SQL Server 2008 ships with a number of
predefined policies that can be imported and evaluated. These policies
encapsulate best practices such as those for securing the surface area
of a SQL instance. In addition to importing these policies, new
policies can be created and exported to file for later use on other
this section, we'll start off by importing an existing policy and
looking at the various evaluation options. We'll then walk through the
process of creating a new policy from scratch and exporting it to file.
1. Importing policies from file
SQL Server 2005 and earlier, tools such as Best Practices Analyzer and
Baseline Security Analyzer were used to periodically check a SQL Server
instance for adherence to various best practices. In SQL Server 2008,
policy-based management can be used to import predefined policies that
encapsulate best practice settings.
imported, depending on the evaluation mode, the policies remain in
place, actively checking, preventing, and/or logging violations. As
such, they're a stronger, more active version of previous-generation
tools such as Best Practices Analyzer, and can be customized to suit a
particular environment's requirements.
an existing policy is straightforward. In SQL Server Management Studio
simply right-click the Policies menu under Policy Management, choose
Import Policy, and specify the location of the policy definition file.
SQL Server 2008 ships with anumber of predefined policies that can be
imported. These policies are located in C:\Program Files\Microsoft SQL
this directory (or the equivalent installation directory) are three
subdirectories containing polices for the Database Engine, together
with Reporting Services and Analysis Services. The policies for
Reporting and Analysis Services are limited to surface area
configuration checks, and the Database Engine directory contains
approximately 50 policies covering a wide variety of best practices.
Here are some examples of best practices addressed by the supplied
Backup files must be on separate devices from the database files.
Data and log files should be on separate drives.
The default trace should be enabled.
Max Degree of Parallelism should be less than 8.
No unexpected system failures should be detected.
Backups should be performed frequently.
No I/O delay messages should be detected.
of the nice things about the supplied policies is that some of them can
be used with previous versions of SQL Server. For example, the File
Growth for SQL Server 2000 policy can be used to check for the
existence of SQL Server 2000 databases larger than 1GB whose AutoGrowth
property is percentage based rather than a fixed size. Although
policies can be defined and executed against versions of SQL Server
prior to 2008, there are some restrictions.
In the example shown in figure 1, we'll import the supplied Surface Area Configuration for Database Engine 2008 Features.
the file is selected, the only other option we need to specify is
Policy State. By default, the policy state is preserved on import—that
is, if the policy is enabled in the definition file, it will be enabled
on import. Alternatively, we can explicitly enable or disable the
policy as part of the import process.
Figure 1. You can import existing policies to check SQL instances for compliance based on predefined configuration files.
Now that we've imported a policy, let's look at the process of evaluating it.
2. Evaluating policies
of the most powerful features of policy-based management is the variety
of ways in which checks and violations can be defined and managed at an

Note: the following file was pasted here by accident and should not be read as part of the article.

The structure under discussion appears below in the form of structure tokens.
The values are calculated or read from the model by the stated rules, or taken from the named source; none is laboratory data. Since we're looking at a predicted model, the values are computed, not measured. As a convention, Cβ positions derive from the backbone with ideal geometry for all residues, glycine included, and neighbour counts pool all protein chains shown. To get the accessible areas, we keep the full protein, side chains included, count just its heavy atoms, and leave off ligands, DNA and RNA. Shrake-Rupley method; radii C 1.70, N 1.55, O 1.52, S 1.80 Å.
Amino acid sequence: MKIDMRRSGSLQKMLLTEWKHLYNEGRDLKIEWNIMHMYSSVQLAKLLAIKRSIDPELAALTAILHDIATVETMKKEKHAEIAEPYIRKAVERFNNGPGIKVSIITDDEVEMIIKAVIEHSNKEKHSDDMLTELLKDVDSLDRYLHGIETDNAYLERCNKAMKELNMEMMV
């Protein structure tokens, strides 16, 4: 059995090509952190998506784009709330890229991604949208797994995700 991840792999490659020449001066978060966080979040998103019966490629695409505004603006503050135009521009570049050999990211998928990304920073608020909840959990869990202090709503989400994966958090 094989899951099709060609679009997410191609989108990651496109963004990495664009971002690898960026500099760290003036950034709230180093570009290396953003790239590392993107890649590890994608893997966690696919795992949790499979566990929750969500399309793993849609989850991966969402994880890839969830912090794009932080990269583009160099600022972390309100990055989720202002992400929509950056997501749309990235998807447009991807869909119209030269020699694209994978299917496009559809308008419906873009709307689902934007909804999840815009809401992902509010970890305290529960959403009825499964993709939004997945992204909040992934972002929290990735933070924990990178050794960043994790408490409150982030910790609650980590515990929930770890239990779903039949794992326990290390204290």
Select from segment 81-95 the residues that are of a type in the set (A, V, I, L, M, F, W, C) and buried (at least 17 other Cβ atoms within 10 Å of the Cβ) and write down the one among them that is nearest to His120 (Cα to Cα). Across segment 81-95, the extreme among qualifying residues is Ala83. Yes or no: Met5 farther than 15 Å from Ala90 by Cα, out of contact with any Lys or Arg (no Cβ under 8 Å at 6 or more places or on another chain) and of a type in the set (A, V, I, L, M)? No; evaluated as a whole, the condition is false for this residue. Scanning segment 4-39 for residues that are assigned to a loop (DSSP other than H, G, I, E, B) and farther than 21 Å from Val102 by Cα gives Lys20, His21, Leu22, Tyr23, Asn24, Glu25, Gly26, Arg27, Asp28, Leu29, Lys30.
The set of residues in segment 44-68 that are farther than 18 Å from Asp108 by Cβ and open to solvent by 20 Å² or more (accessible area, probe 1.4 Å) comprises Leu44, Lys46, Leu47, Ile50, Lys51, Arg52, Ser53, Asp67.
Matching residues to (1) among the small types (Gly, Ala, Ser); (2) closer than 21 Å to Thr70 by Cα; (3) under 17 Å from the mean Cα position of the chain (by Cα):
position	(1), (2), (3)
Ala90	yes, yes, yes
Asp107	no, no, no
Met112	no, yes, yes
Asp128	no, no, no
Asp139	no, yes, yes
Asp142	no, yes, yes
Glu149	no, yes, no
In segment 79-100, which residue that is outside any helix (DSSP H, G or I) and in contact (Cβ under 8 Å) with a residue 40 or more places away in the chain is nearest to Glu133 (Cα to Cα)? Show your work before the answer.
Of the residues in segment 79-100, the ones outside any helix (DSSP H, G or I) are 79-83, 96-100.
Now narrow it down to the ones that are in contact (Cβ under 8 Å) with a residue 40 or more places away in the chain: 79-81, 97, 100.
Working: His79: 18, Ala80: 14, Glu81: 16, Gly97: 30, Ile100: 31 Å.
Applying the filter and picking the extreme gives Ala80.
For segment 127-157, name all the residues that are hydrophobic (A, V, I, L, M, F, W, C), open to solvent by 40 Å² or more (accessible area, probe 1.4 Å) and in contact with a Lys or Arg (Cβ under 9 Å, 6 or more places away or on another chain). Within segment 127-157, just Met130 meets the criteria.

individual policy level.
the previous section we covered the four evaluation modes: On Change –
Prevent, On Change – Log Only, On Schedule, and On Demand. Let's take a
look at an example of each of these methods, starting with On Demand.
you create a policy using the On Demand evaluation mode, the policy is
created in a disabled state. You can then use it in an ad hoc manner as
required by right-clicking the policy and choosing Evaluate. Let's do
this for the Surface Area Configuration policy we imported earlier. Figure 2
shows the evaluation results of this policy. In this example, the
evaluation failed because the target server has Database Mail enabled.
addition to clicking View to see the details of the evaluation, you can
click Apply, which will reconfigure the server to be compliant with the
On Change – Prevent
may wish to enforce certain policies so that violations are prevented
from occurring. Unfortunately, this is only possible for a certain
class of conditions, specifically those able to be rolled back with DDL
As an example, figure 3
contains the error message returned when a table create statement
violates a table name condition specifying that tables must be created
with a tbl_ prefix.
Figure 2. You can manually evaluate a policy by right-clicking it and choosing Evaluate.
Figure 3. The On Change – Prevent evaluation mode will actively prevent changes that violate policy conditions.
On Change – Log Only
On Change – Prevent, On Change – Log Only actively monitors for policy
violations, but rather than roll back the violation, it logs the
violation to the SQL Server log. Regardless of the evaluation mode, all
policy failures are logged, enabling custom policy failure alerts to be set up. Figure 4 shows such a policy failure error in the SQL Server log.
Figure 4. All policy violations are recorded in the SQL Server log.
On Schedule evaluation mode lets you enable policies to be checked on a
scheduled basis. This mode ensures that the overhead of active policy
checking doesn't impact performance. When you choose this mode, the
policy creator selects a schedule, which creates SQL Agent jobs to run
the scheduled policy checks.
that we've looked at the process of importing policies and covered the
evaluation modes, let's walk through the process of creating a new
policy to check database properties such as AutoClose and AutoShrink.